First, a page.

What really reduces speeding? (Hint: It's not lowering the speed limit)
Speed bumps, sidewalk bulges, photo radar better at slowing drivers down
Ottawa city council seems on course to take what might seem like a bold step at its meeting Wednesday by approving the first-ever 30 km/h speed limit for some Ottawa streets.
Too bad it won't work.
There are a number of issues with the proposed go-slow policy. For one thing, there are so many caveats to qualify for the new, lower limit that relatively few corners of the city will ever meet them.
Here's a look at a few of the other speed bumps along the way to slower traffic.
Lowering limit has 'minimal impact'
Even in places that would qualify for the new speed limit, a posted 30 km/h sign alone won't slow traffic, and city staff know it.
According to their report on the policy, "studies have shown that reducing the speed limit on a roadway has minimal impact on the operating speed unless the roadway conditions cater to the lower speed limit as well."
"People drive at the speed they feel comfortable at, not what the posted speed is," said Heidi Cousineau, the city's program manager for area traffic management.
So what does slow vehicles down? Physical impediments, narrowing of streets and photo radar. It's the fear of crashing, damaging our cars, or hefty fines that lifts our foot off the pedal, not signage.
Bumps, bulges, staggered parking
The city uses different strategies for different streets. In some cases, speed bumps, humps or "tables" — basically a wider speed bump with a flattened top — are installed on side streets where speeding is a proven issue.
And because wide-open roads encourage speeding, the city's traffic management folks try to make streets skinnier to slow traffic.
This can be accomplished with physical stuff — curbs that bulge out in mid-block or at the corners, planters and raised intersections. In fact the city's own consultants suggest adding such physical features to streets that get a 30 km/h limit, just to make sure.
Other measures such as painted bike lanes and on-street parking can narrow roads, too. Even making a crosswalk more visible — think of the rainbow-striped ones in Centretown — can have an impact on speed.
One of the more interesting techniques to calm traffic is staggered parking, where cars are allowed to park on just one side of the road, but the side where parking is allowed changes from block to block. The strategy works well on a relatively long street where parking is in demand.
"Staggered parking is not a physical thing, but it makes drivers feel more constricted," said Cousineau. "You can't just go straight down the road."
These measures slow average speeds down anywhere from 2 to 8 km/h, said Cousineau. If that seems minor, consider that a decrease in speed by even a few km/h means a driver can stop four or five metres sooner, depending on how fast the car is going in the first place.
That four or five metres can be the difference between a pedestrian being killed or seriously injured, and escaping tragedy.
Long wait list, expensive fixes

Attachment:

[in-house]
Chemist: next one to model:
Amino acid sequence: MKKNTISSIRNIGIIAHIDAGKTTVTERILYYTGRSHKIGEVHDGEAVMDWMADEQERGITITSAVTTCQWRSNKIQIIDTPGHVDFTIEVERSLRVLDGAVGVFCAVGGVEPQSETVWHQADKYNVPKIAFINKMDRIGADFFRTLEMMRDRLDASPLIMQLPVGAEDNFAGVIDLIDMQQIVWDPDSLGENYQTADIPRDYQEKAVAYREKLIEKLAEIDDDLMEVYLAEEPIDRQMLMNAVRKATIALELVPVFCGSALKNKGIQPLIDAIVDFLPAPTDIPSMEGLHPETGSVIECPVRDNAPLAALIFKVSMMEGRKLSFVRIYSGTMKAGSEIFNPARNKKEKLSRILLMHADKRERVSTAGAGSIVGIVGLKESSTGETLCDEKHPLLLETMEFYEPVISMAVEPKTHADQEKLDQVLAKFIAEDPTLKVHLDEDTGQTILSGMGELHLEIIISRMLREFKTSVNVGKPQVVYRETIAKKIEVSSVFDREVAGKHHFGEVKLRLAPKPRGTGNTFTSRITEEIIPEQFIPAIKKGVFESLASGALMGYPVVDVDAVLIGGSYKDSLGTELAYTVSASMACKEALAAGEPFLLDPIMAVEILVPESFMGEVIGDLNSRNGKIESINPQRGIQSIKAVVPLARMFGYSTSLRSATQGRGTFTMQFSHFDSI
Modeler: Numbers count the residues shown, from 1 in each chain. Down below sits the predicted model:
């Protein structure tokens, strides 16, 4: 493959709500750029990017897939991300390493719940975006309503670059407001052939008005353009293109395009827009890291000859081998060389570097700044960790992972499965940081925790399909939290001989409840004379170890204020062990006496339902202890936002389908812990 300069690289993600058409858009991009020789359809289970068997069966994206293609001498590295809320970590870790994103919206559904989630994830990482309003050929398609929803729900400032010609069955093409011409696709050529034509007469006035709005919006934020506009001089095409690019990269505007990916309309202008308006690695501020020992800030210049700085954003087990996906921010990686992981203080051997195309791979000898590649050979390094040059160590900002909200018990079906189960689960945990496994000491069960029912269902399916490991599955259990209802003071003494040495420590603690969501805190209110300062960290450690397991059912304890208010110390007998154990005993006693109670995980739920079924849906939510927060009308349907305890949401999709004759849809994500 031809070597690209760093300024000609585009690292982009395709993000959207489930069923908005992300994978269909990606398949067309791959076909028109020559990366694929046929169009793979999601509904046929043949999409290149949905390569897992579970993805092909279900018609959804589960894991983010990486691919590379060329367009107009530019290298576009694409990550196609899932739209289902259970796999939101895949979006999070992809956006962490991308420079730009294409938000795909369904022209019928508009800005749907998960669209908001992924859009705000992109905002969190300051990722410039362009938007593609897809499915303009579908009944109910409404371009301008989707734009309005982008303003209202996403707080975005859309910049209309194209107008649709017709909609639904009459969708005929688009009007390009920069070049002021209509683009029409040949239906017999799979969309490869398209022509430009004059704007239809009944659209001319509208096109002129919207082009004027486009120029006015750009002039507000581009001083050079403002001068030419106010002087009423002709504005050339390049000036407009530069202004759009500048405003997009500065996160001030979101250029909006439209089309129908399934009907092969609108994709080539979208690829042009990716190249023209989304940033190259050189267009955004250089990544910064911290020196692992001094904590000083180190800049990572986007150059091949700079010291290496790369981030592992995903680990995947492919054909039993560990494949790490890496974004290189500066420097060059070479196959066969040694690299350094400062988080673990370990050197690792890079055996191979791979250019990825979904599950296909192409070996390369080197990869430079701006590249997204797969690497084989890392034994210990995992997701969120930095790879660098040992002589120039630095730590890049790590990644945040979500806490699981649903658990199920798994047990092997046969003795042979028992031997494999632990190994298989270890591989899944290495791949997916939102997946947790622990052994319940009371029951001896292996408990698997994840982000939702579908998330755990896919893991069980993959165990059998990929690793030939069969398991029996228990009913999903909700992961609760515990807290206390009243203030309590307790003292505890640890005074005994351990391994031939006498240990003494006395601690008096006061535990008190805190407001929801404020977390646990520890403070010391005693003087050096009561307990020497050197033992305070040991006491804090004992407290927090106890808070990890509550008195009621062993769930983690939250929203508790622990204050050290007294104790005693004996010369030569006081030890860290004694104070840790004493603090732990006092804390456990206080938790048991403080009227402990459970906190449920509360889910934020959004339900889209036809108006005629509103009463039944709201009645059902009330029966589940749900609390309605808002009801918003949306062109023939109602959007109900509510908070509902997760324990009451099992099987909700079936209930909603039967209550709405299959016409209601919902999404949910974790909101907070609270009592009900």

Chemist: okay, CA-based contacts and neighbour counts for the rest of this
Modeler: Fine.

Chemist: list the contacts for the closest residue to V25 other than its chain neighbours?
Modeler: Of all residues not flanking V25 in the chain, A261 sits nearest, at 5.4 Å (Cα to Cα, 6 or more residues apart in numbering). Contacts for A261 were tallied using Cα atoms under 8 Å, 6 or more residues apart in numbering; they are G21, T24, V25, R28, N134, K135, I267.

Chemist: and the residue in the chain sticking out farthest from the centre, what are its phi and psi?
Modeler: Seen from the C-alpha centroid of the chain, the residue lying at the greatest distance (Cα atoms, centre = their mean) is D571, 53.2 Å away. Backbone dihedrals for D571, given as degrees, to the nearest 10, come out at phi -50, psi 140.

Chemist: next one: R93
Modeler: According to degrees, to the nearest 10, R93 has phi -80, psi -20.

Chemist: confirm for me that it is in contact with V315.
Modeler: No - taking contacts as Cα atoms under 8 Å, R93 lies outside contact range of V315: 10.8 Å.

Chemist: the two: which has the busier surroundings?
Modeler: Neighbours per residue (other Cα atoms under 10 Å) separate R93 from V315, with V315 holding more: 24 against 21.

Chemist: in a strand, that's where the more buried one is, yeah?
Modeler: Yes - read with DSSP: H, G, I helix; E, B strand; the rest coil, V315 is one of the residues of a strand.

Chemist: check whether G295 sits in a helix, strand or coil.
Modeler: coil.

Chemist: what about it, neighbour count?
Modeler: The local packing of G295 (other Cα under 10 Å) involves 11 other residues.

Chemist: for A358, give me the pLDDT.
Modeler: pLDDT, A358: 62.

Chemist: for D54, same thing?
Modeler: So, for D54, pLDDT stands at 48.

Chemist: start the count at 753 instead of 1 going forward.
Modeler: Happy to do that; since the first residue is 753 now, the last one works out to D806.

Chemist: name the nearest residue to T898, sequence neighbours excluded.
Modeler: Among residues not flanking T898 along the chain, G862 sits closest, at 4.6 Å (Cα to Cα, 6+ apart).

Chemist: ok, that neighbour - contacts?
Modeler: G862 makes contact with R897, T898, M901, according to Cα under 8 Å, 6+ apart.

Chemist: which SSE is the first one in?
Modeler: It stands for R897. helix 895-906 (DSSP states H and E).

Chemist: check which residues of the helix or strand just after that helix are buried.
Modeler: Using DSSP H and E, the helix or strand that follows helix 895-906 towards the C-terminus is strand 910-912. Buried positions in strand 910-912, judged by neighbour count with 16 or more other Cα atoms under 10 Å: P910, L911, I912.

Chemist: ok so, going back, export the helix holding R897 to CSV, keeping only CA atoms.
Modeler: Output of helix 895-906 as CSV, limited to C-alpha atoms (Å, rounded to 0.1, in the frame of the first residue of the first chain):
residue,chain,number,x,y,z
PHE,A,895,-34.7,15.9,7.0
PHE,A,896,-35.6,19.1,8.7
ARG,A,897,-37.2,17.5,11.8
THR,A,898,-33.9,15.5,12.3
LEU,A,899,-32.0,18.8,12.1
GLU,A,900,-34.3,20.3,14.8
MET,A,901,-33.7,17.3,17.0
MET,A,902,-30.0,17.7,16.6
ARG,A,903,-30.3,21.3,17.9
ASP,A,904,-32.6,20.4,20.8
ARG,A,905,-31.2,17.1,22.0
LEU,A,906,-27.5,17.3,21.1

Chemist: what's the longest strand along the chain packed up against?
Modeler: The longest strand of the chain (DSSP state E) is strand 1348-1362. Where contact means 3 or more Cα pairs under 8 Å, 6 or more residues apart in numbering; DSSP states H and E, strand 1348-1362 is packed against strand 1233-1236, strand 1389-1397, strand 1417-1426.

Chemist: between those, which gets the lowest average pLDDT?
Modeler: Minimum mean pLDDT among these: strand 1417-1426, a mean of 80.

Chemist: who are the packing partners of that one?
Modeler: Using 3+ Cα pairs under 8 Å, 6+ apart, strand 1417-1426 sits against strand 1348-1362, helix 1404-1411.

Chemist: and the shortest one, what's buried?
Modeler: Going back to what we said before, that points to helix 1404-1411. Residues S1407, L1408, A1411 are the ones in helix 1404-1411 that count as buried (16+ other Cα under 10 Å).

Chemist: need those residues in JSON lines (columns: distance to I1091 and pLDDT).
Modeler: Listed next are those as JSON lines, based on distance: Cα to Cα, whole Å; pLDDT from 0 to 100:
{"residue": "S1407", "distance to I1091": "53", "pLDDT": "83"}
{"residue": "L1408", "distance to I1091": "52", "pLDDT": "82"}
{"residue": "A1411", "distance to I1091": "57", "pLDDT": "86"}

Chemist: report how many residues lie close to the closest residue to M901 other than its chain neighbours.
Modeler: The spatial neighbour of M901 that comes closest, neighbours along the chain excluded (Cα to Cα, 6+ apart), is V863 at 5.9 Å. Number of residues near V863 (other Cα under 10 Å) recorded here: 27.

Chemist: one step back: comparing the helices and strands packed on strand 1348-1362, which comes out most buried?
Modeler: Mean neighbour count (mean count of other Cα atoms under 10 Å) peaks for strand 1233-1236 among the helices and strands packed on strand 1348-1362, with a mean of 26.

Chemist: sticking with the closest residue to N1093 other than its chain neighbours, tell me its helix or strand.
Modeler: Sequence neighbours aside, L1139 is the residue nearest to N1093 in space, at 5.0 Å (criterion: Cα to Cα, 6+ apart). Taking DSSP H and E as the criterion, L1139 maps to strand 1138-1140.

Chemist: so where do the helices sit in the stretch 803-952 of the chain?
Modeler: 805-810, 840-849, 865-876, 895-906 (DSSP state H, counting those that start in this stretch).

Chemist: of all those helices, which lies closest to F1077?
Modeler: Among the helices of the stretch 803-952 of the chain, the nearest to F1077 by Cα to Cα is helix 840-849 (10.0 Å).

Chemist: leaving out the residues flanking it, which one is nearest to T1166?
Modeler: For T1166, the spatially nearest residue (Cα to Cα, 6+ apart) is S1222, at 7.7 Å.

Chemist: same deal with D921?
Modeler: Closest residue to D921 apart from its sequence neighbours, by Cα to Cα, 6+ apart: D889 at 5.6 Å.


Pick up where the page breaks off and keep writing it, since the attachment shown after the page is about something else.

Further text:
Councillors say speeding is one of the biggest complaints from their constituents.
Communities wait years to have their traffic issued dealt with. At any given time city staff have 60 small traffic measure requests on the waiting list, but the city only gets to five to eight every year.
And there are a dozen larger neighbourhood projects waiting; city staff complete about two a year. If a complaint involving a clear and present danger comes along, it goes to the top of the list, bumping other projects.
The fixes aren't cheap.
In 2012, council pumped $2.5 million into the traffic-calming program to clear out a backlog of projects left over from pre-amalgamation. But most years the budget is about $650,000.
Speed bumps or tables added to existing roads can cost anywhere from $8,000 to $10,000 each. Narrowing a street by extending a curb or corner can come with a $50,000 price tag. A raised intersection goes for a cool $150,000.
Major traffic-calming infrastructure is almost never built as a retrofit.
"The bang for the buck isn't worth it," said Cousineau.
Instead, those sorts of measures are incorporated at an incremental cost into larger projects, such as the raised intersection at Queen and Bank streets, which was installed as part of the Confederation Line project.
Photo radar — cheaper option?
Last year city council asked the province to allow it to conduct photo radar pilot projects in school zones and on residential streets. But the Liberals are going one better: they're going to allow all municipalities to install photo radar in school zones and neighbourhoods that a city council designates as "community safety zones."
- Mayor Jim Watson not convinced photo radar necessary
- Kathleen Wynne introduces new photo radar legislation for Ontario
The proposed legislation envisions these special zones as ones that include a school, daycare, playground or park, hospital or seniors residence. The community safety zone designation can also be used for "collision prone areas."
Virtually any residential area would meet these prerequisites.
And so, instead of waiting years for a speed bumps, a community could apply for speed limits enforced by photo radar, which would actually make money as opposed to costing millions. In fact council has pledged to direct photo radar revenue solely to fund road safety measures.
As for effectiveness, consider the example of Medicine Hat, Alta. In a report released last year that reviewed a decade of photo radar data in the small city, officials found that average speed a 50 km/h zone monitored by photo radar was 48.7 km/h; for a 30 km/h zone, the average was 28.5 km/h.
It's hard not to see photo radar as the most cost-effective way to control speeding.
Sure, voting in a 30 km/h speed limit sends the right message. But it's an empty gesture if there's no enforcement to back it up.